Zavareh sat back, trying to consider how all of the raw data feeds could all be missing data at the same time. The only thing he could come up with at this point was that it was a system glitch of some variation - one that was resolved within that two minutes and change but that made that data unrecoverable. To validate that, Sepandiyar began pulling every other sub-function data feed to validate the missing timeframe, thus confirming that it was a system glitch. If he could substantiate that theory, he could cast it aside and keep on his research. These things happened. The system was designed to catch them, fix them and move on without affecting operational efficiency. The Nova-class was a slightly dated class of vessel so it was more believable that it’d have these issues.

Quickly comparing them all, he began to nod with relief. Everything was showing the same system gap. From flight control to hangar controls. Everything was reporting it the same way. Zavareh was about to write it off as a standard system hiccup when the cross-referencing algorithm he’d written began to chirp that it’d found a mismatch. He sat up in his chair, the hair the back of his neck standing up in concern. There on the screen was a system that didn’t show a variation. No lack of data, no glitches, the standard detailed data set that accompanied every raw data feed. But it didn’t come from any major system, it came from Hydroponics. According to the duty roster and system logs, hydroponics was offline. But clearly, despite the station being offline, the system was still recoding the logs.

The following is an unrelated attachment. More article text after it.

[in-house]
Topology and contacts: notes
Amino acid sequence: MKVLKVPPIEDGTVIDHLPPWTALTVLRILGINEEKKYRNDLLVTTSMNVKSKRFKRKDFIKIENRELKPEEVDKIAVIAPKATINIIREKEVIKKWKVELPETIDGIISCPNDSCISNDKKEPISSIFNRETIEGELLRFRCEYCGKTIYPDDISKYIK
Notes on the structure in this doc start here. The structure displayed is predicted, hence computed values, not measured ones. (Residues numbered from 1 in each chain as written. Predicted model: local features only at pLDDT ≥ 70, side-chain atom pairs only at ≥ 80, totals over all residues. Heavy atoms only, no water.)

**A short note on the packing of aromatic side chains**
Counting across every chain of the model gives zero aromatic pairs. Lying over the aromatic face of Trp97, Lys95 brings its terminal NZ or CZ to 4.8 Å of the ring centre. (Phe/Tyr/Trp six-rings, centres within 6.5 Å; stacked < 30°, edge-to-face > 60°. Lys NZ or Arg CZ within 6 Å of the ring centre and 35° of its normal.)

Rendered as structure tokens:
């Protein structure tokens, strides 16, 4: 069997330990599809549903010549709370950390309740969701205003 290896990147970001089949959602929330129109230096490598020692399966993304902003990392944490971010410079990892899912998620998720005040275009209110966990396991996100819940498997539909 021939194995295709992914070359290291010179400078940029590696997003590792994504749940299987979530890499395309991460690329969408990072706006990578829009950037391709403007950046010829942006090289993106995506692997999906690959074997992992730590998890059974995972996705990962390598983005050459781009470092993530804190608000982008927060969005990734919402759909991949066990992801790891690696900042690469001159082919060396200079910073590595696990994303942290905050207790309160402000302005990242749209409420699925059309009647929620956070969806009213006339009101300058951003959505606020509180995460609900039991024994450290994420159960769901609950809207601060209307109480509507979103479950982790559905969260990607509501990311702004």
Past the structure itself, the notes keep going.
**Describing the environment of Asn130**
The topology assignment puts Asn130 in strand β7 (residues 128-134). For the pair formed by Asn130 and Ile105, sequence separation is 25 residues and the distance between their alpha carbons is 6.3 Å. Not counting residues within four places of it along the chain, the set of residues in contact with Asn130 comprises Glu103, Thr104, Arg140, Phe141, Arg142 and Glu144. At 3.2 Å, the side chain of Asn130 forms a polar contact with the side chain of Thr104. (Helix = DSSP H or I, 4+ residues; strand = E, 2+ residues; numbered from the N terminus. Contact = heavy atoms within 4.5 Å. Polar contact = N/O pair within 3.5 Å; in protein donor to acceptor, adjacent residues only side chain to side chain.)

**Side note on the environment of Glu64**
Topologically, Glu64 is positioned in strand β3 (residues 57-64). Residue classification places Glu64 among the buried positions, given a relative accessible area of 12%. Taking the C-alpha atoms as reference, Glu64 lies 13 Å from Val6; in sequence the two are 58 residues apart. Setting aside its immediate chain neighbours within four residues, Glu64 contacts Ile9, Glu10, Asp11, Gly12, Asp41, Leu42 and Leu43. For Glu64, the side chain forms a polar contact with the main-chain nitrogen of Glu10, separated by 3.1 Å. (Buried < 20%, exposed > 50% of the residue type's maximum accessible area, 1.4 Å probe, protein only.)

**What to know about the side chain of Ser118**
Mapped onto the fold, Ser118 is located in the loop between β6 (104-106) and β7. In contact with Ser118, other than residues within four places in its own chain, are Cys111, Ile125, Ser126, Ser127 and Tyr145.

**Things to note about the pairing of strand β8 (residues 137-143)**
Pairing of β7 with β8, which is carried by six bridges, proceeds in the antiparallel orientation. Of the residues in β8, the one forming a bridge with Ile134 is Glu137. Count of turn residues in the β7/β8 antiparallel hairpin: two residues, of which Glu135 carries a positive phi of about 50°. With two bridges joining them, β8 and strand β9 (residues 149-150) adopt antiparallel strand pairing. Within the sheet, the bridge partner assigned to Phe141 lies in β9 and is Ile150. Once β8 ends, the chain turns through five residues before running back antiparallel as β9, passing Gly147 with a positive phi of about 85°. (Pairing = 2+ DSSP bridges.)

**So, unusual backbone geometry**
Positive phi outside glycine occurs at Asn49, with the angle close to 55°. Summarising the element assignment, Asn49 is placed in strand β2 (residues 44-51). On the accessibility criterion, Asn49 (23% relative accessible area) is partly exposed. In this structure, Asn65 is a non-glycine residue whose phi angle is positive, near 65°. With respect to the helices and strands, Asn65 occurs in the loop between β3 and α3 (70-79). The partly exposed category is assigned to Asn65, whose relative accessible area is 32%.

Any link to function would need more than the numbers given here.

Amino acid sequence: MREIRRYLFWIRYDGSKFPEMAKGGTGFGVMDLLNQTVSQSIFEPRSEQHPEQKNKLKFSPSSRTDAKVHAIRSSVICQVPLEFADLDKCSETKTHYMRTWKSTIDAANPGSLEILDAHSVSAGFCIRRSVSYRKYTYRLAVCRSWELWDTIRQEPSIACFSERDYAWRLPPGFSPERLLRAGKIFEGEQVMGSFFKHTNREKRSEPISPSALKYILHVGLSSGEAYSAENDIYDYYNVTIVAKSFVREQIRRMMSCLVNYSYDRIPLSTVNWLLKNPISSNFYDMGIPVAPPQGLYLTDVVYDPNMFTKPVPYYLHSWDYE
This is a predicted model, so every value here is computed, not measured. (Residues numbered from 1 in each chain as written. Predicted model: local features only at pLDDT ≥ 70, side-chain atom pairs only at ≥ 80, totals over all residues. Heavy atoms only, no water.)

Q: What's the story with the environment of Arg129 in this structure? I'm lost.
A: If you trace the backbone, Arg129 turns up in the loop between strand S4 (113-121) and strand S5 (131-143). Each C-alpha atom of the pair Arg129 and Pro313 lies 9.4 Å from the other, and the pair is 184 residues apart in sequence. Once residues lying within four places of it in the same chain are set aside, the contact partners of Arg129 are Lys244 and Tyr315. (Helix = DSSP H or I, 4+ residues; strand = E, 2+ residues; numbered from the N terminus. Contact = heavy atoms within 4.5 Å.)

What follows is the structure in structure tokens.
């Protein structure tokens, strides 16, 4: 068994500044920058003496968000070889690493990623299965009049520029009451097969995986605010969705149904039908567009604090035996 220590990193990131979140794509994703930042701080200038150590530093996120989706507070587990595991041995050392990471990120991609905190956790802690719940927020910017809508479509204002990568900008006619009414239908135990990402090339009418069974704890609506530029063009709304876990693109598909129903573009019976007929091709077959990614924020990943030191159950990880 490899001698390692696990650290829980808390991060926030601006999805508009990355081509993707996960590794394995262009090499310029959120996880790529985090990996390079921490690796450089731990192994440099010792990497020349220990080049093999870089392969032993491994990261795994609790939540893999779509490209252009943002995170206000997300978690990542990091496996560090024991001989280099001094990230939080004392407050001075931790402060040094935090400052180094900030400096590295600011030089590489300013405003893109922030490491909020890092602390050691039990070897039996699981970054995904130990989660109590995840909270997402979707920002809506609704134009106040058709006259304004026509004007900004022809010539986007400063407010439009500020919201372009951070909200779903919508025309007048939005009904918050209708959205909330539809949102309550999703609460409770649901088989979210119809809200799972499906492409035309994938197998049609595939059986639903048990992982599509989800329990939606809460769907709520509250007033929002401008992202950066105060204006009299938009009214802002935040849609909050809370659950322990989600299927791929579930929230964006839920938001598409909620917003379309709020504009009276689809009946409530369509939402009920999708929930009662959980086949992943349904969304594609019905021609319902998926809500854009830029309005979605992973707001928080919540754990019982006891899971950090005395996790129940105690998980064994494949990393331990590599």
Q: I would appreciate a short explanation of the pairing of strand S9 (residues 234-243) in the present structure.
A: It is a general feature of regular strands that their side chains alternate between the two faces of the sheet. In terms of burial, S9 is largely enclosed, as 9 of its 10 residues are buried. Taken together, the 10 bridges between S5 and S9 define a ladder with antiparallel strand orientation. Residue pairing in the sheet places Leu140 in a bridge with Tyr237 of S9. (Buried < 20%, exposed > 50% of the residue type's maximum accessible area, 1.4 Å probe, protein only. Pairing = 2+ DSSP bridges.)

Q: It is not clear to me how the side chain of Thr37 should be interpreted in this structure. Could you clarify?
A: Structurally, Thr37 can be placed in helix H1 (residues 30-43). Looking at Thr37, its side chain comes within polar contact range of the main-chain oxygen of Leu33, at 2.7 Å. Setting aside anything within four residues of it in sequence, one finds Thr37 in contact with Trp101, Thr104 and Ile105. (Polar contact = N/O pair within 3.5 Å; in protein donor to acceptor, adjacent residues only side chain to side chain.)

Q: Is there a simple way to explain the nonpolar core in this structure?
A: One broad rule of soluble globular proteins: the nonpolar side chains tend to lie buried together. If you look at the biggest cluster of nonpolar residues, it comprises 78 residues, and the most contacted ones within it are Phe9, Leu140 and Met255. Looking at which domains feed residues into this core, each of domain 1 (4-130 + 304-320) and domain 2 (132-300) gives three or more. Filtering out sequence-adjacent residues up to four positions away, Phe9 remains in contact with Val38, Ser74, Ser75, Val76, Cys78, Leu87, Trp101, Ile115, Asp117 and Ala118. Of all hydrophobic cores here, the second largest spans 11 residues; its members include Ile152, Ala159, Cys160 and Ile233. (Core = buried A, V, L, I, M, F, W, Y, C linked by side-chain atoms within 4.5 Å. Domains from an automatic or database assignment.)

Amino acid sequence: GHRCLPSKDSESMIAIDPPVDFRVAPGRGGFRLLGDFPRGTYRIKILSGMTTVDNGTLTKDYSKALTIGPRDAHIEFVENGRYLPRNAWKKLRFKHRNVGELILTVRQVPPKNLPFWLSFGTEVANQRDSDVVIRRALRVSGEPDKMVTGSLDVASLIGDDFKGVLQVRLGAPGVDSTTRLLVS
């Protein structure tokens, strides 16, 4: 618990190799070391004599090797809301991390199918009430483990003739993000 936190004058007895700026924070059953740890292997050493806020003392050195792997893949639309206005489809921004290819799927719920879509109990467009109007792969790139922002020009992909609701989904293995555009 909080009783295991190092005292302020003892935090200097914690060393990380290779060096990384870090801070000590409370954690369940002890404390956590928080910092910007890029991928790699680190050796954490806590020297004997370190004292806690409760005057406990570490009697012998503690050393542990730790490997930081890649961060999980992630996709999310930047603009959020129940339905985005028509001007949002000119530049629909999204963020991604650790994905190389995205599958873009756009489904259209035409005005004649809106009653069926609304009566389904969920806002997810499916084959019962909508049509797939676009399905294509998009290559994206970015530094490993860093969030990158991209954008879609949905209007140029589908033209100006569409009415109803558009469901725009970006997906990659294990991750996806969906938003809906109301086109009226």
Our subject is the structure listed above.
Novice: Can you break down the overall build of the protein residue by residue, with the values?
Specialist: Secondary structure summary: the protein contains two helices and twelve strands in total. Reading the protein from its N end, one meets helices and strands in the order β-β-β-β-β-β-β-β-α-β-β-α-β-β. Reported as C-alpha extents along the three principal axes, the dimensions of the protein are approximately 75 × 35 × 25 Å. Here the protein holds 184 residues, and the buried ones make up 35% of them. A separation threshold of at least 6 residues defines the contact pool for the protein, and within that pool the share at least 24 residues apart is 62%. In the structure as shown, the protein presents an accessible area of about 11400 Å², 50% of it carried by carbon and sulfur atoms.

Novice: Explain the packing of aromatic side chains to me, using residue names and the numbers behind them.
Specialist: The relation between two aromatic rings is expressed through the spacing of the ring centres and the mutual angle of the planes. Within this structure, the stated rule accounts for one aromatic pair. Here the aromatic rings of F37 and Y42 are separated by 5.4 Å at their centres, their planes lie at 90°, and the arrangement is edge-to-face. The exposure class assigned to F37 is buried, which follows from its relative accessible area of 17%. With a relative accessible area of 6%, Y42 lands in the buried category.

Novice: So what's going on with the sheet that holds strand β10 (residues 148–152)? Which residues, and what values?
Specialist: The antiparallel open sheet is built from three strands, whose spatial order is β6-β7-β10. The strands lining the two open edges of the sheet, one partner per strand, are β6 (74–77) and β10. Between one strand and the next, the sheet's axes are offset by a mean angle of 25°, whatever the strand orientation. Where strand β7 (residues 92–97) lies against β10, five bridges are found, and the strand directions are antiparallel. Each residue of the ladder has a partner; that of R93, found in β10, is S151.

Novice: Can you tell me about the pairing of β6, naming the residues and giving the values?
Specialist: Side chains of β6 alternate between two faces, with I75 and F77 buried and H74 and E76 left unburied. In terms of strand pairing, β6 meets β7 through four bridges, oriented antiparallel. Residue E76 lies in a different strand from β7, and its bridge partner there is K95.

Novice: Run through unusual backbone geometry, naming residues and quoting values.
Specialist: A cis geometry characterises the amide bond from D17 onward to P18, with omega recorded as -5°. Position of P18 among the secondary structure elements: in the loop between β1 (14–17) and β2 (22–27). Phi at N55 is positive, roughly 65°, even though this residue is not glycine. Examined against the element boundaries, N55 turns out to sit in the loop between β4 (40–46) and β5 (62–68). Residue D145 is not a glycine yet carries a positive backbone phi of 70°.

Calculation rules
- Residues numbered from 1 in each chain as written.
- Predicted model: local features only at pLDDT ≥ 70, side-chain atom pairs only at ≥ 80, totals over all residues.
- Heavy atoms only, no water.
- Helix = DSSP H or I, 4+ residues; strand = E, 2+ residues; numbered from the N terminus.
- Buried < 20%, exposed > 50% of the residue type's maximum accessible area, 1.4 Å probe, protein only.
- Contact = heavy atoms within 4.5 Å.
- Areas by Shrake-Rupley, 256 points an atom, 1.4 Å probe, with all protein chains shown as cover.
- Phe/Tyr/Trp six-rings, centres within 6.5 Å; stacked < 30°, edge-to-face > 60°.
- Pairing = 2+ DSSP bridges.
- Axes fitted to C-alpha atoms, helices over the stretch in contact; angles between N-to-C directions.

As a redundancy, each system included in its snapshot a redundancy copy of the others. It was a lot volume data file so it wasn’t an issue. That meant that the hydroponics file had a sort of ‘echo’ of the other files in its data, meaning that Zavareh could look deeper into the dataset and actually pull out the redundant reports from other stations. If it was truly a glitch that somehow hadn’t impacted hydroponics, then he’d see a blank data set for all the other systems. Perched on the end of his chair, he accessed the data and went straight into the engineering logs - where this had all started. He stared at the data in front of him… and felt the hairs on the back of his neck stand upright again to match the chill that ran down his spine.

The data was not only there, it was substantial. Substantial not only in substantive data, but in what the data was telling him. He had always told his Operations teams that ‘data never lied’ and here it was, the truth laid bare in its simplest form.

Captain DeHavilland, Captain Callum and the entirety of both of their crews were lying.